Petkau effect

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The Petkau effect is an early counterexample to linear-effect assumptions usually made about radiation exposure. It was found by Dr. Abram Petkau at the Atomic Energy of Canada Whiteshell Nuclear Research Establishment, Manitoba and published in Health Physics March 1972.[1] The Petkau effect was coined by Swiss nuclear hazards commentator Ralph Graeub in 1985 in this book Der Petkau-Effekt und unsere strahlende Zukunft (The Petkau effect and our Radiating Future).[2]

Petkau had been measuring, in the usual way, the radiation dose that would rupture a simulated artificial cell membrane. He found that 3500 rads delivered in 2+14 hours (26 rad/min = 15.5 Sv/h) would do it.[3] Then, almost by chance, Petkau repeated the experiment with much weaker radiation and found that 0.7 rad delivered in 11+12 hours (1 millirad/min = 0.61 mSv/h) also ruptured the membrane. This was counter to the prevailing assumption of a linear relationship between total dose or dose rate and the consequences.[4]

The radiation was of ionizing nature, and produced negative oxygen ions (free radicals). Those ions were more damaging to the simulated membrane in lower concentrations than higher (a somewhat counter-intuitive result in itself) because in the latter, they more readily recombine with each other instead of interfering with the membrane. The ion concentration directly correlated with the radiation dose rate and the composition had non-monotonic consequences.

Radio-protective effects of superoxide dismutase[edit]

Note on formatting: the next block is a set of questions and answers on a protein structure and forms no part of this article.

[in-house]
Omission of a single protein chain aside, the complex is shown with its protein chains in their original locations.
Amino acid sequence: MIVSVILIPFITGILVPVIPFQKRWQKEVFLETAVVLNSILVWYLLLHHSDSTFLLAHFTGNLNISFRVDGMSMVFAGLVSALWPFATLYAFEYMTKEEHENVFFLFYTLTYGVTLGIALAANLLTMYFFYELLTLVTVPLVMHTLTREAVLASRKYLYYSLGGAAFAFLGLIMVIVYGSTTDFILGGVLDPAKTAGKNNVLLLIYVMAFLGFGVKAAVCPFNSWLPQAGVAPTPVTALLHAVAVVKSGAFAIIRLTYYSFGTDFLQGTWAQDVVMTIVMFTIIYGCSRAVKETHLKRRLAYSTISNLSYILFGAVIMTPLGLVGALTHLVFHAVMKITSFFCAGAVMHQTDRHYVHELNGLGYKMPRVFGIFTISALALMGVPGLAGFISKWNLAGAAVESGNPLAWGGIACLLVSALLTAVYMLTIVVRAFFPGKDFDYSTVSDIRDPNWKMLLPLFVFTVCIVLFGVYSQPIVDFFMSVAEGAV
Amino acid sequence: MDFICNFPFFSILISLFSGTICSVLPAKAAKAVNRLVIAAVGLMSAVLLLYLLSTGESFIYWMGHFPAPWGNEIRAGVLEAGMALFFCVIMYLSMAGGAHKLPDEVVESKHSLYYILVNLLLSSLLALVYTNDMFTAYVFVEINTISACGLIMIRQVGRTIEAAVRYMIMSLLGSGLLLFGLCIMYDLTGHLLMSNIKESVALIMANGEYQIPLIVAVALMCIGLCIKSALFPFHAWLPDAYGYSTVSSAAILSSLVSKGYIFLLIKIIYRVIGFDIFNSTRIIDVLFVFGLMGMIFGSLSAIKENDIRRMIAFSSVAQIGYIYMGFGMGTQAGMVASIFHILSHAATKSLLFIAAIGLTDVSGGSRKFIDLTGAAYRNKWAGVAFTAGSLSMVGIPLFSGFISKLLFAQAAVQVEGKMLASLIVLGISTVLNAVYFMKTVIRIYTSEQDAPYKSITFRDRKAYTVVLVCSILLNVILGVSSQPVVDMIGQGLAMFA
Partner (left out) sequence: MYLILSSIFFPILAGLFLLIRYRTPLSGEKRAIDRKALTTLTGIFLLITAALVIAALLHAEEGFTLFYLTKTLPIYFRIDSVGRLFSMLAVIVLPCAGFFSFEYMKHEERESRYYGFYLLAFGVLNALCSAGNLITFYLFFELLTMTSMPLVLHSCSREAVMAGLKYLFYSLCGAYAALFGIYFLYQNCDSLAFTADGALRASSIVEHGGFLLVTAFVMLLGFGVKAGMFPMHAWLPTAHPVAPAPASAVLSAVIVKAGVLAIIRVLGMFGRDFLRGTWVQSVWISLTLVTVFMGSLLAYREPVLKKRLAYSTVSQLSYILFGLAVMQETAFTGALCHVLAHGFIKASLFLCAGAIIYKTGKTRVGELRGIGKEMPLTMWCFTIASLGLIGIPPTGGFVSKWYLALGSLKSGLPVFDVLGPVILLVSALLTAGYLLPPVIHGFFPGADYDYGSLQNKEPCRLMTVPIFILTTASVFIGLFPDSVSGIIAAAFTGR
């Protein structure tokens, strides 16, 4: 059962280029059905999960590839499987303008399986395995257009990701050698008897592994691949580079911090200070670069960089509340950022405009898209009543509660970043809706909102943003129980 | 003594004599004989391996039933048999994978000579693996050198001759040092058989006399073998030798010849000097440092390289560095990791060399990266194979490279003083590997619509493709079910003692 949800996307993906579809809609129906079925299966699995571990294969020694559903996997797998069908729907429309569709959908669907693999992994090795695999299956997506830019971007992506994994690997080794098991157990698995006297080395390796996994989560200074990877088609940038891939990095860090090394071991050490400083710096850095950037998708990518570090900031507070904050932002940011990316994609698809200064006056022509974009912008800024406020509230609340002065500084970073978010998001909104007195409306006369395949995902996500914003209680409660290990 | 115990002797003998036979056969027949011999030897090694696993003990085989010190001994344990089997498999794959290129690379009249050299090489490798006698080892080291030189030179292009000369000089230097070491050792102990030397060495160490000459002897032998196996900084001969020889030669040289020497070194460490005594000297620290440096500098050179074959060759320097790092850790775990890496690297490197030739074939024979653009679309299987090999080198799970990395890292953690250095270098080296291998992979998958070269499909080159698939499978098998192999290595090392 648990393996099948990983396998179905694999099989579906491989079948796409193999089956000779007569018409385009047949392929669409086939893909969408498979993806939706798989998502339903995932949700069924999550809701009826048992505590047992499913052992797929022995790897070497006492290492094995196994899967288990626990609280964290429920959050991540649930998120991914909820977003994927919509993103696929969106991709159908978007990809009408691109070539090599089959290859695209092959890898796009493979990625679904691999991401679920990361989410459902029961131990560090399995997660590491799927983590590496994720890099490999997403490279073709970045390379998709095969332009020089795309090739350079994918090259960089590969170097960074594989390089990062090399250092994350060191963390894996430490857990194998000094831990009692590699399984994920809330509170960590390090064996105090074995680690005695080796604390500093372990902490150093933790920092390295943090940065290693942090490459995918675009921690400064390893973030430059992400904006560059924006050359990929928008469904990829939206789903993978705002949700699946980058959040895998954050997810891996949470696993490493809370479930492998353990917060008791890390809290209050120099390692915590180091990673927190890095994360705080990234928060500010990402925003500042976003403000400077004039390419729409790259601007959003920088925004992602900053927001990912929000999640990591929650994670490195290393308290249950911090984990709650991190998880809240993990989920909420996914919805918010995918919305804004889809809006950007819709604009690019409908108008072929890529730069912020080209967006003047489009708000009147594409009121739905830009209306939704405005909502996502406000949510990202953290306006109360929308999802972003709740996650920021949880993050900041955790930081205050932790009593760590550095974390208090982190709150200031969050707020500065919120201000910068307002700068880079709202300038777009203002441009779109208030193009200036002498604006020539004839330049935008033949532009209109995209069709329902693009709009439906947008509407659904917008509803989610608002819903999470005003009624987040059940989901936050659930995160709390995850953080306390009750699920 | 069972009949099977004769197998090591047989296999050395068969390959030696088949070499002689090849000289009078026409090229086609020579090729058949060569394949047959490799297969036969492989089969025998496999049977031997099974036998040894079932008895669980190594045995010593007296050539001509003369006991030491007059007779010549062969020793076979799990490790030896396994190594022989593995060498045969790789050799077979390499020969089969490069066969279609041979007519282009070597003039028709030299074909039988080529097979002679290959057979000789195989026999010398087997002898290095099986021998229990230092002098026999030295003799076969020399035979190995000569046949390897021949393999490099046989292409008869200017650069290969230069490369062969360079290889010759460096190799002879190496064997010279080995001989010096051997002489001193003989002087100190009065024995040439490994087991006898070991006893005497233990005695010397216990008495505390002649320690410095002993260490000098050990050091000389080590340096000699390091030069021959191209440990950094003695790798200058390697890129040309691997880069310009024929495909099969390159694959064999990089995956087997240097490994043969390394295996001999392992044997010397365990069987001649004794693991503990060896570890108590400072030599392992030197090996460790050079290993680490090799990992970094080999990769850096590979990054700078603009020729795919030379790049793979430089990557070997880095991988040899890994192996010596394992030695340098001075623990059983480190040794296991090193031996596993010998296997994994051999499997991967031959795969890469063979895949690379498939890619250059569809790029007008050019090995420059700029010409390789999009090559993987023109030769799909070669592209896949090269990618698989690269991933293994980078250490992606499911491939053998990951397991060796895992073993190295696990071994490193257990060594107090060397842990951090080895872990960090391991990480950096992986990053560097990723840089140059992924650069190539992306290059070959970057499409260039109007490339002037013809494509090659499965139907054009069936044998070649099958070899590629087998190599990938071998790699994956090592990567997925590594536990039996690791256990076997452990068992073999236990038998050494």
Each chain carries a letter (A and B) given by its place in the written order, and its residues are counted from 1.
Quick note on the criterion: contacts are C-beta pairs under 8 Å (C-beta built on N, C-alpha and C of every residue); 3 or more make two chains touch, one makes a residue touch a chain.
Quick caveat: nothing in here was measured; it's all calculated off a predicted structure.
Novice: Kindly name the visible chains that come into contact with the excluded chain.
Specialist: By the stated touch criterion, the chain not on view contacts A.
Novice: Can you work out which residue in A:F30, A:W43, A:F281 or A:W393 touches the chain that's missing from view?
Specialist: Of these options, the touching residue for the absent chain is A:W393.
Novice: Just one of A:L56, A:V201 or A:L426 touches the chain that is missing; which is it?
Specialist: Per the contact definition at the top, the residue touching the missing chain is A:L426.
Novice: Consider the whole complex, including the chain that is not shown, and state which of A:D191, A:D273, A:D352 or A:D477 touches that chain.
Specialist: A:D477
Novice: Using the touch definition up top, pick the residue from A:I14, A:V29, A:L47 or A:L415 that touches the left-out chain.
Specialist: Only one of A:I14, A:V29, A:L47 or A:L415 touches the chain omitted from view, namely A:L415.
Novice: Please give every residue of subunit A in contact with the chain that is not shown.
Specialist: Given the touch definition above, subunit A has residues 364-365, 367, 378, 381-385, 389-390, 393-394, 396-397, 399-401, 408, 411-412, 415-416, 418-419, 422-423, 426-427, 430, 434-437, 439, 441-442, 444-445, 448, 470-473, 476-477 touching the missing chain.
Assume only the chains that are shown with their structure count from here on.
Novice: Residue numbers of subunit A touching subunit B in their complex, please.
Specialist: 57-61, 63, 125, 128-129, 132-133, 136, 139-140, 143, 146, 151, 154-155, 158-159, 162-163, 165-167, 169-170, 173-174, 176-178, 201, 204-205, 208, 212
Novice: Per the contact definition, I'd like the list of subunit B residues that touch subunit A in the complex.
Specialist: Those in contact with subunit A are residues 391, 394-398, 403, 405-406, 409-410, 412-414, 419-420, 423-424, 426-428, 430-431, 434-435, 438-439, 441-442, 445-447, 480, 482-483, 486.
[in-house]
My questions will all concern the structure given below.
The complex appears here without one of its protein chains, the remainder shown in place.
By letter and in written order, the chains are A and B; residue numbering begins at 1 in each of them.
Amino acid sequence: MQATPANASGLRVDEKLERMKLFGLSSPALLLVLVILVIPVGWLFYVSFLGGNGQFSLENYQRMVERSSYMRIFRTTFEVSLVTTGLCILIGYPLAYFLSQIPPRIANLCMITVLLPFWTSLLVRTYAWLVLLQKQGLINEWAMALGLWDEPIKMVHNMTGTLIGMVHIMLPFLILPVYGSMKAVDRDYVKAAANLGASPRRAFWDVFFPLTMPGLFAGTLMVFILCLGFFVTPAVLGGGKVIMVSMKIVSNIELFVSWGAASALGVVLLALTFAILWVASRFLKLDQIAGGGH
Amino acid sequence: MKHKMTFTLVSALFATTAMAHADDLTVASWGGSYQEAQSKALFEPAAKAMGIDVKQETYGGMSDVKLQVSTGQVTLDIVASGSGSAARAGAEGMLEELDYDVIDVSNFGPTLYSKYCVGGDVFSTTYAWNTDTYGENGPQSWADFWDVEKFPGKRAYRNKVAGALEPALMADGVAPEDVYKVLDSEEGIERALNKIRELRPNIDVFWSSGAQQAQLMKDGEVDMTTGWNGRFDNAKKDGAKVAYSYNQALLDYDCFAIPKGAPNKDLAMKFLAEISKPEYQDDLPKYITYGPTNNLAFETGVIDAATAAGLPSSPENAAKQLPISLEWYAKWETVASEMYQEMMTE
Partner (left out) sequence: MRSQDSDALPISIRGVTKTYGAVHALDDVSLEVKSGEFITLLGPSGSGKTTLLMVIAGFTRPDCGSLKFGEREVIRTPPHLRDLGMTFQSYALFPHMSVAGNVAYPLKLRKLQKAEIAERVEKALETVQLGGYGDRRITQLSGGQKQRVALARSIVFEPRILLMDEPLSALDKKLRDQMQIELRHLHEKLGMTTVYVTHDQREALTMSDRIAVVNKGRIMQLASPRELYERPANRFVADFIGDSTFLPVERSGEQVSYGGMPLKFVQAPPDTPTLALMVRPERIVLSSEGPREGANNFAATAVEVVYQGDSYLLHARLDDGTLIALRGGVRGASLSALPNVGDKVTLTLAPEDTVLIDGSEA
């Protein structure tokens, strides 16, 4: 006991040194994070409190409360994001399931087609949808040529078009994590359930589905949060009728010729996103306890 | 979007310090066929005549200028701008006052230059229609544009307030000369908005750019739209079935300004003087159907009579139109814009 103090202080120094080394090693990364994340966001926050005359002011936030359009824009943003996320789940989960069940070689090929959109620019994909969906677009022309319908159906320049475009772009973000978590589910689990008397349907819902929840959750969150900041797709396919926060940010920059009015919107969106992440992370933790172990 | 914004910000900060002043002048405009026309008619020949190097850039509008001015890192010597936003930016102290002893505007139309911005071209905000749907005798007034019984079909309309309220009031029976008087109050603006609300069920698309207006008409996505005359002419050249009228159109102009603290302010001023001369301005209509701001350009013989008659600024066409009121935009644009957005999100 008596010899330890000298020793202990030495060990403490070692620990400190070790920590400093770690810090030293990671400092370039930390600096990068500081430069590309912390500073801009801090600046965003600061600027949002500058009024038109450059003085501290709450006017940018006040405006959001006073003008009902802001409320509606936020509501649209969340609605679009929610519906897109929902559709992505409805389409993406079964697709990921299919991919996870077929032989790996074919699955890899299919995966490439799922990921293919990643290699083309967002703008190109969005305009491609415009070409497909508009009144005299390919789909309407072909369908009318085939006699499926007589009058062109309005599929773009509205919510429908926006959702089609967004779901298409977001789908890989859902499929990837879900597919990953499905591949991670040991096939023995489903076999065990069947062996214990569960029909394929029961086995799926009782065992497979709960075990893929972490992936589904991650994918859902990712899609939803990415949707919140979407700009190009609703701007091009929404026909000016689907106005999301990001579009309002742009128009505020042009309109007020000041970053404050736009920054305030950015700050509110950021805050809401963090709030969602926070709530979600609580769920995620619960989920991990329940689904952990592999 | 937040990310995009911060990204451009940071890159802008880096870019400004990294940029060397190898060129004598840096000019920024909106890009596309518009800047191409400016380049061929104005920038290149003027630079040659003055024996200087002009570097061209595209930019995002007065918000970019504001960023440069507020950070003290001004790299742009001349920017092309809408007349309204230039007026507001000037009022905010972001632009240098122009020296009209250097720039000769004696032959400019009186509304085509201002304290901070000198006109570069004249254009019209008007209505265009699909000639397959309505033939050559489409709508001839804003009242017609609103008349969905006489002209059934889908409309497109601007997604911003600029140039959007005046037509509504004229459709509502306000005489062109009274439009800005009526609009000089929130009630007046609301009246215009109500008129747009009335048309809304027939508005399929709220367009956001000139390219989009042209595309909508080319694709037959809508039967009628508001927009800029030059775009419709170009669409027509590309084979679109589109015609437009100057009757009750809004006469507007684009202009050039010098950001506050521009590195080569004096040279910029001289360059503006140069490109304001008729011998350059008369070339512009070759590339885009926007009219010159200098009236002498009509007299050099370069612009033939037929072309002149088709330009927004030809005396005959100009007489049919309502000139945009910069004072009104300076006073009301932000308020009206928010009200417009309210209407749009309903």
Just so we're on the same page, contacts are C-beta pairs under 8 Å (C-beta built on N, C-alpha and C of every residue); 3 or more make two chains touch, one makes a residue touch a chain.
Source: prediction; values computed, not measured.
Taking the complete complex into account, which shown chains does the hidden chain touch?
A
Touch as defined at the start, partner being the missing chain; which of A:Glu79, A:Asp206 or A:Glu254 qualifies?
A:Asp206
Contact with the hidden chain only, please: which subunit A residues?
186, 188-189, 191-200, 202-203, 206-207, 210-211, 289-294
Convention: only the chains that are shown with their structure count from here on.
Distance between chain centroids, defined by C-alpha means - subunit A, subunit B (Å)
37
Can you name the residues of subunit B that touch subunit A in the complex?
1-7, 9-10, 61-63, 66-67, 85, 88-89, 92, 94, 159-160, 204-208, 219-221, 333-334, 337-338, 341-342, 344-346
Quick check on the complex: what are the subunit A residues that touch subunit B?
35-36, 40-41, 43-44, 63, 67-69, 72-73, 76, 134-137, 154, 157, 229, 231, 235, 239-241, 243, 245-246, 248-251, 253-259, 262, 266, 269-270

Petkau conducted further experiments with simulated cells in 1976 and found that the enzyme superoxide dismutase protected the cells from free radicals generated by ionizing radiation, obviating the effects seen in his earlier experiment.[5][6] Petkau also discovered that superoxide dismutase was elevated in the leukocytes (white blood cells) in a sub-population of nuclear workers occupationally exposed to elevated radiation (ca. 10 mSv in 6 months), further supporting the hypothesis that superoxide dismutase is a radioprotective agent.[7] Thus, Petkau's original 1972 experiment apparently revealed the potential effects of ionizing radiation on cells without natural radioprotective mechanisms in place.


  1. ^ Petkau, A. (1972). "Effect of 22Na+ on a phospholipid membrane". Health Physics. 22 (3): 239–244. doi:10.1097/00004032-197203000-00004. PMID 5015646.
  2. ^ Graeub, Ralph (1985). Der Petkau-Effekt und unsere strahlende Zukunft. Zytglogge. ISBN 978-3729602229.
  3. ^ Petkau, A. (1971). "Radiation Effect with a Model Lipid Membrane". Canadian Journal of Chemistry. 49 (8): 1187–1196. doi:10.1139/v71-196.
  4. ^ Djurovic, Branka, MD, PhD, "Biological Effects of Ionizing Radiation", Slide 15, Military Medical Academy, Belgrade, Serbia
  5. ^ Petkau, A.; W.S. Chelack (1976-05-21). "Radioprotective effect of superoxide dismutase on model phospholipid membranes". Biochimica et Biophysica Acta (BBA) - Biomembranes. 433 (3): 445–456. doi:10.1016/0005-2736(76)90272-8. ISSN 0005-2736. PMID 945071.
  6. ^ Petkau, Abram (1978-04-03). "Radiation Protection By Superoxide Dismutase". Photochemistry and Photobiology. 28 (4‐5): 765–771. doi:10.1111/j.1751-1097.1978.tb07015.x. ISSN 1751-1097. PMID 366641.
  7. ^ Petkau, A. (June 1987). "Role of superoxide dismutase in modification of radiation injury". The British Journal of Cancer. Supplement. 8: 87–95. ISSN 0306-9443. PMC 2149491. PMID 3307878.